Born George Jamison on the 29th April 1935 to a Liverpudlian Catholic and protestant mixed family he faced years of bullying at school for his effeminate good looks and at the age of 14 he decided that to become more masculine he would join the Merchant Navy. Georges secondary sexual characteristics did not develop so again he faced the bullies and eventually he attempted to take his own life. The Merchant Navy dishonourably discharged him shortly afterwards. In the hard times that followed he attempted suicide again and was also committed to a mental institution where he was subjected to electric shock treatment among other “treatments” of the time.

In 1950 he was released from Ormskirk institution and moved to London where at one point he shared a room with a ship steward called John Prescott who later became the Deputy Prime Minister of Britain. In her book “The First Lady” she also tells of another room mate who raped him causing severe injury as a result. Later in the 1950’s he moved to Paris using the name April E and became a successful Drag Artist. She joined the cast of the cabaret show at the Carousel Theatre, with the famous French entertainer Coccinelle.

Aged 25 George had saved £3000 went to Casablanca to see Dr Georges Burou (the wizard of Casablanca) to be the first ever British person to have gender reassignment surgery. All of her hair fell out as a result of the treatments and she was in unbearable pain but the operation was successful and April Ashley was born. On her return to England she became a successful model making appearances in the likes of Vogue and also getting a role in a movie starring Bob Hope and Bing Crosby called The Road to Hong Kong. She was known at the time to have romantic friendships with Omar Sharif, Peter o’ Toole and later in her 50’s Michael Hutchence from inxs just as he was finding fame. She also attracted the amorous attentions of Salvador Dali and Pablo Picasso.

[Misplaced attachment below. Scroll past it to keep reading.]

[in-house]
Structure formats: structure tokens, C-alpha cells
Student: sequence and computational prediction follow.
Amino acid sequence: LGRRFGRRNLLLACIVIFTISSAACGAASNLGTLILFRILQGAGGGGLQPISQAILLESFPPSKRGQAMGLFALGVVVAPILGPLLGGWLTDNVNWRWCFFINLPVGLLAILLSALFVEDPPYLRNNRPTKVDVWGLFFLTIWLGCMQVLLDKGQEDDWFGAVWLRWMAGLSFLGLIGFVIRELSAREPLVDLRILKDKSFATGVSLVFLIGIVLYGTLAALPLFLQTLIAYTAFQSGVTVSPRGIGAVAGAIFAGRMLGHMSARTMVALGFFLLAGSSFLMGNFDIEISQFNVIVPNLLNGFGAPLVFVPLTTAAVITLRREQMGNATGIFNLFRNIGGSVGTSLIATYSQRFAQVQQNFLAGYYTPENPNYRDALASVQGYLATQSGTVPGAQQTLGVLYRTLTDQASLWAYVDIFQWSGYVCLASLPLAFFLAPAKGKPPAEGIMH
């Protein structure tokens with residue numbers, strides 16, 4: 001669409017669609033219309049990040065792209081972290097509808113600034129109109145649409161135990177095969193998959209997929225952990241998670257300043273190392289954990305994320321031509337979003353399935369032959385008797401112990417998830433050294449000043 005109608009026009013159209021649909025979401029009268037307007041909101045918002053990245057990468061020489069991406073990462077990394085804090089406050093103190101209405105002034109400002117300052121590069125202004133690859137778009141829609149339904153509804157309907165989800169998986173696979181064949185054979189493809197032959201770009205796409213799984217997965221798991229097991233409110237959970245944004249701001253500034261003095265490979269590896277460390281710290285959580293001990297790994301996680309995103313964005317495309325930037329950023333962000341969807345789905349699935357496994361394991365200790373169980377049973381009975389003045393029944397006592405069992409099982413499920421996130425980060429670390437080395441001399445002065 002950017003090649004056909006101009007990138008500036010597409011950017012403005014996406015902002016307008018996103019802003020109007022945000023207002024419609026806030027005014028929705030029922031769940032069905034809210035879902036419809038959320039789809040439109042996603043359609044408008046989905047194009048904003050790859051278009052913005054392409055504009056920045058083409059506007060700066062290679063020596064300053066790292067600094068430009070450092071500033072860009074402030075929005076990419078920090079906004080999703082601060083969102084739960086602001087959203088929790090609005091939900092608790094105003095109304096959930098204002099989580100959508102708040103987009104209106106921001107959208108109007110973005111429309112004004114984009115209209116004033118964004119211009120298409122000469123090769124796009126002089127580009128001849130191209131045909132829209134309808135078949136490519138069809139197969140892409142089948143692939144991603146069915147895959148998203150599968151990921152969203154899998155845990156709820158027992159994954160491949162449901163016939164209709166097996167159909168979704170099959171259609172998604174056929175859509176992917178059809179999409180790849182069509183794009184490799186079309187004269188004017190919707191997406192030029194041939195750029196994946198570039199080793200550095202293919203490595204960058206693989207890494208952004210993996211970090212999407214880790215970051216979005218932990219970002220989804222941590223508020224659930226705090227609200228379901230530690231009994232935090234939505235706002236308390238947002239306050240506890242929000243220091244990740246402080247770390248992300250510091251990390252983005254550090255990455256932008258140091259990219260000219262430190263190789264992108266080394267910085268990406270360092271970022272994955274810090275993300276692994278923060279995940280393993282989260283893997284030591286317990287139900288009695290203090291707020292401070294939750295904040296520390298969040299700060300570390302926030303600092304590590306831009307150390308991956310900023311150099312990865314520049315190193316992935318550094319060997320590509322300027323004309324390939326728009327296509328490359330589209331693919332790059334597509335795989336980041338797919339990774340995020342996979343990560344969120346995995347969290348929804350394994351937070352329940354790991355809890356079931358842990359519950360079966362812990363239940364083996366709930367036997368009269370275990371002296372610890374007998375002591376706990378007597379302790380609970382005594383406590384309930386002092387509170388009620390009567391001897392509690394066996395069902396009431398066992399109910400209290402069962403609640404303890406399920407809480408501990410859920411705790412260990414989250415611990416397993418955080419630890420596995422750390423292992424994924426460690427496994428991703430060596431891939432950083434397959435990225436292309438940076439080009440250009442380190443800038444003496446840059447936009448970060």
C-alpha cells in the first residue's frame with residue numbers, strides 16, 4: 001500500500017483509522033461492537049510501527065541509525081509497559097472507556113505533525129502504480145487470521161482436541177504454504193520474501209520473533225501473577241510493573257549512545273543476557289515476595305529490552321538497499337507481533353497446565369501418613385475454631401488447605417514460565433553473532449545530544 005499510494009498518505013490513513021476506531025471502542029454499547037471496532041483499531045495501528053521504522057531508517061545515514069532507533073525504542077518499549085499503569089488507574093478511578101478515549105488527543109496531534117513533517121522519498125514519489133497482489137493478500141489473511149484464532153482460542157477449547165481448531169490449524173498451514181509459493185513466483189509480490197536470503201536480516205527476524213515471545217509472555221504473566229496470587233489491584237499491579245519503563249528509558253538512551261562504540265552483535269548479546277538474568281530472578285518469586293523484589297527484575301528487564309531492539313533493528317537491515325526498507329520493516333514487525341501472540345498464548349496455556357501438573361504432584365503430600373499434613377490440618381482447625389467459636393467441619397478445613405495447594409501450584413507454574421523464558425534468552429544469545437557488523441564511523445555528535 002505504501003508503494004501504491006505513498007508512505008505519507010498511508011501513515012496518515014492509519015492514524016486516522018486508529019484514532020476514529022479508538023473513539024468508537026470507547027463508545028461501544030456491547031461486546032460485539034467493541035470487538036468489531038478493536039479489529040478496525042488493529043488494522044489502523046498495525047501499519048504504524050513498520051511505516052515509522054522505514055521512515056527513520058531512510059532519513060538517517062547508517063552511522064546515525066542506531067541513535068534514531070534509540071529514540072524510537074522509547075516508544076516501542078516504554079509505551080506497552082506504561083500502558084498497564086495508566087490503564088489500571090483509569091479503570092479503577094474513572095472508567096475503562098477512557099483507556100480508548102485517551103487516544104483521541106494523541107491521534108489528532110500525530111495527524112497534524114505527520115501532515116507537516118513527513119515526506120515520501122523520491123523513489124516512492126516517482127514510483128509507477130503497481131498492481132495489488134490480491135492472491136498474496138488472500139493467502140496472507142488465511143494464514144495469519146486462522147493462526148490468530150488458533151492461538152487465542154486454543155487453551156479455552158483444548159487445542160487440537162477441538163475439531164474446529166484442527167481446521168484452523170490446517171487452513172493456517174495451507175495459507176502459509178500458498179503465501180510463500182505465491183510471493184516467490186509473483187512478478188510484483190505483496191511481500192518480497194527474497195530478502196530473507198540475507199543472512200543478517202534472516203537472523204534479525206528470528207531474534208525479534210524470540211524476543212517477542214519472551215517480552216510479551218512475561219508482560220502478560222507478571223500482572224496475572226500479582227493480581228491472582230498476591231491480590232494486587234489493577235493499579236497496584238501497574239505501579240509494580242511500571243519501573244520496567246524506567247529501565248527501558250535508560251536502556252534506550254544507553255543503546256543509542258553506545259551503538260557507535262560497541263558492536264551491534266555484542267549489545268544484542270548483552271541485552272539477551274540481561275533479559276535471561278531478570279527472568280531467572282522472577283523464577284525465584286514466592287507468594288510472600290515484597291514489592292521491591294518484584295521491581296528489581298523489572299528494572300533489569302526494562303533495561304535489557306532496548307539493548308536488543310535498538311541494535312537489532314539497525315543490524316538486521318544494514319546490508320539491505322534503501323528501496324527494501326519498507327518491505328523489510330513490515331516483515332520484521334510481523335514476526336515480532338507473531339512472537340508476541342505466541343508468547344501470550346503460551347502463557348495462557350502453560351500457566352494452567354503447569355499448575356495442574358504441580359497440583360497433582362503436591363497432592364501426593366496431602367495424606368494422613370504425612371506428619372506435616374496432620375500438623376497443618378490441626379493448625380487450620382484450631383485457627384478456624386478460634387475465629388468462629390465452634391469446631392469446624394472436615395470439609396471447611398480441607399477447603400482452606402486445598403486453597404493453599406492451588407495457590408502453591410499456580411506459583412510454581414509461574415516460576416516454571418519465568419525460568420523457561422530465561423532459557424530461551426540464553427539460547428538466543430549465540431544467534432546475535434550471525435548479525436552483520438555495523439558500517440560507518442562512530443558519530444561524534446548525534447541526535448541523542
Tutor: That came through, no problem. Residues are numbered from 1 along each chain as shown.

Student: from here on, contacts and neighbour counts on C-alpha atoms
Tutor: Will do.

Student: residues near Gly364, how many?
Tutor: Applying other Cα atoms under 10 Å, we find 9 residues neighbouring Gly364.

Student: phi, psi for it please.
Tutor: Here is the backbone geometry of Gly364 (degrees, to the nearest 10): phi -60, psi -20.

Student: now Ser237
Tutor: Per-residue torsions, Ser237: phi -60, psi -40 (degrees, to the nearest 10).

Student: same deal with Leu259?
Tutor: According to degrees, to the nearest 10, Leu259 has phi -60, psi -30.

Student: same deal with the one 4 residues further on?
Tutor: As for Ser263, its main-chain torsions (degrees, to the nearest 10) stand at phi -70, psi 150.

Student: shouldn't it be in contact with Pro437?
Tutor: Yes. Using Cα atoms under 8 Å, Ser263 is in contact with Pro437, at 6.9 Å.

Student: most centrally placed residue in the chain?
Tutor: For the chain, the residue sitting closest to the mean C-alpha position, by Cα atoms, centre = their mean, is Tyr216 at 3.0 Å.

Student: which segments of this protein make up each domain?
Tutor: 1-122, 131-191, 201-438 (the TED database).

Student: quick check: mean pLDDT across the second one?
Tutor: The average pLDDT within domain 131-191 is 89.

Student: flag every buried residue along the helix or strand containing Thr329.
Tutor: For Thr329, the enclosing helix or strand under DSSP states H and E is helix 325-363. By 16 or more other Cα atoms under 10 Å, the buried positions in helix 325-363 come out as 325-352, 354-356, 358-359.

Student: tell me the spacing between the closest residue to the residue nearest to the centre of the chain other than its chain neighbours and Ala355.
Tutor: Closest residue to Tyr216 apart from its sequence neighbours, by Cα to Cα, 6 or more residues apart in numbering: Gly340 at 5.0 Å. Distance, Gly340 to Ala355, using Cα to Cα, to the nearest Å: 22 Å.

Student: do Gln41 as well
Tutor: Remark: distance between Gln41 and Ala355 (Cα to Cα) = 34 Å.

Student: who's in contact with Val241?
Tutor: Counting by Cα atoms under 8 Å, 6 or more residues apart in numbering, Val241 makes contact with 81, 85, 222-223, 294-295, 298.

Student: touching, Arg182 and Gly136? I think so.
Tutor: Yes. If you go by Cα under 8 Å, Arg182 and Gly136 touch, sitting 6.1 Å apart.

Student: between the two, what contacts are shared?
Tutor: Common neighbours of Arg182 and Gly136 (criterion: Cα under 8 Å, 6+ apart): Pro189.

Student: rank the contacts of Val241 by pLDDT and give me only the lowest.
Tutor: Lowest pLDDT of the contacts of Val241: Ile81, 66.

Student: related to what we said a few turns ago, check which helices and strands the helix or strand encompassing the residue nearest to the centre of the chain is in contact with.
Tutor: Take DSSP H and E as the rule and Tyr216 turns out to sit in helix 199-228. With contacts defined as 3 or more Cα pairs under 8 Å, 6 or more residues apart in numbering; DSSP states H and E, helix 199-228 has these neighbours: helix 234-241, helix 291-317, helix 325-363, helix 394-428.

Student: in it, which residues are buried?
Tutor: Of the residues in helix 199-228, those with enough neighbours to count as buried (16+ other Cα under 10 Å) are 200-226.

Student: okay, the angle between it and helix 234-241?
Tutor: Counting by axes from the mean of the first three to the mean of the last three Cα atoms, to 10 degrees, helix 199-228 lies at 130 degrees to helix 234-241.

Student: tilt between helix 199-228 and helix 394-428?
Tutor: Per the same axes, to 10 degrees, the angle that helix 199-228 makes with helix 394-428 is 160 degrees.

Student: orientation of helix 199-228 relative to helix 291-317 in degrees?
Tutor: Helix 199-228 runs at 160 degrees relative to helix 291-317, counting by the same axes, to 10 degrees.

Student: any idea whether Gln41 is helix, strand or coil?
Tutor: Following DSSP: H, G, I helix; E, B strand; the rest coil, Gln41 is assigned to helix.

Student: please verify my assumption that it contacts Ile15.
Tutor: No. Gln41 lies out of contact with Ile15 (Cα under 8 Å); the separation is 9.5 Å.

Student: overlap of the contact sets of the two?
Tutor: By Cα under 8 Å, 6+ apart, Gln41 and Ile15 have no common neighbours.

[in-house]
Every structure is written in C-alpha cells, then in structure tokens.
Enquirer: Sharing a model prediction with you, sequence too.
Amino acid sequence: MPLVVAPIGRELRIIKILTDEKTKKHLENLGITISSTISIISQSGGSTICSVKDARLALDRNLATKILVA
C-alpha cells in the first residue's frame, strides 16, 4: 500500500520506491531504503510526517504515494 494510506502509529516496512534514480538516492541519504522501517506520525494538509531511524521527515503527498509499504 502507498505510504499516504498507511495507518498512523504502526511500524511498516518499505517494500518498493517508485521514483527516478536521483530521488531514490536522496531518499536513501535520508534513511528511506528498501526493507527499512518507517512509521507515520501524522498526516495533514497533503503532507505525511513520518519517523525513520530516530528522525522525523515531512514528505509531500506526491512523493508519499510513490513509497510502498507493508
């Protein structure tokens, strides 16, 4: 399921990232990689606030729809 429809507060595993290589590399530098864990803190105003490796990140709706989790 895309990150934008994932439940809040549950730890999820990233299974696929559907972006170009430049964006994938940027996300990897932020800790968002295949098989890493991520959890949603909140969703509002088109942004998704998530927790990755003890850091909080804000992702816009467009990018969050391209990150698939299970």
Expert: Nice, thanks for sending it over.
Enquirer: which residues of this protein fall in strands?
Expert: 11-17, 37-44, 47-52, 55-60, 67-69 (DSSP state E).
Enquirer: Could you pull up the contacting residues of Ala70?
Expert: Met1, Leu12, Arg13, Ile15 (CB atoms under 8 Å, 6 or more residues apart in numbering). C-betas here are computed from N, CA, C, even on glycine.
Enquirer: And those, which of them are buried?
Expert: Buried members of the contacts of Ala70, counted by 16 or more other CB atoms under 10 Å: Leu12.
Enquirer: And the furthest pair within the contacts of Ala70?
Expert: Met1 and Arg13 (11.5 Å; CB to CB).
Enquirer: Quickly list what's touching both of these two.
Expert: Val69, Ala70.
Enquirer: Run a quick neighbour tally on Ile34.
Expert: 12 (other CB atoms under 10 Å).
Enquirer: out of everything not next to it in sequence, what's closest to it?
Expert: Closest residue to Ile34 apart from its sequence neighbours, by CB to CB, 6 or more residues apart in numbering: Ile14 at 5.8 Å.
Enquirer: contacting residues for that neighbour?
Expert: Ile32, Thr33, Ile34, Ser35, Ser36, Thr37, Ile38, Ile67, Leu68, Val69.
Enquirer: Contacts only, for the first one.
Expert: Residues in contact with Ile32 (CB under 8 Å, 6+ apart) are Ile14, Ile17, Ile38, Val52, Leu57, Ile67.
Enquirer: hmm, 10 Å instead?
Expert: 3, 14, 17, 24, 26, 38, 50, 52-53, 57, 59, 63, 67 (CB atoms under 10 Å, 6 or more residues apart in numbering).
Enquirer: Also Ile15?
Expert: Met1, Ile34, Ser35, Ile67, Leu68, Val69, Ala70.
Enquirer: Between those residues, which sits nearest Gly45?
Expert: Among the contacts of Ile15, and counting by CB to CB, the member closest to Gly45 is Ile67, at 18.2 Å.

In 1961 a supposed “friend” sold her story to a newspaper and was then outed very publicly as a Transsexual in the Sunday People bringing about an abrupt end to her success. She became a celebrity ‘freak’ but her notoriety didn’t stop her marrying into the aristocracy. In 1963 she wed Arthur Corbett, the Eton-educated son and heir of Lord Rowallan. When they met Corbett was already married with four children and had a penchant for dressing up as a woman himself. He eventually left his wife and April moved into the highest echelons of British society before the marriage collapsed. It became one of the most talked about events of the decade with details of the case exploding over the newspapers. The couple faced each other in the courtroom, with Corbett claiming the union should be annulled on the grounds that Ashley had been born a man and the marriage had never been legally sound. The court agreed, setting a precedent which left transsexuals in gender limbo in the eyes of the law. That ruling negatively influenced the rights of all transgender peoples under western law for the next 30+ years.

Following a hard fought campaign, April was finally able to legally call herself a woman in 2004, when the Government’s introduced the Gender Recognition Act. It was not until 2005 that she was granted a new birth certificate, asserting that she was born female – with the help of old housemate John Prescott she says: ‘He was ever so supportive… he and his wife still send me Christmas cards.’
On the 16 June 2012 April was awarded the MBE for services to Transgender equality. She now lives alone in Fulham, West London.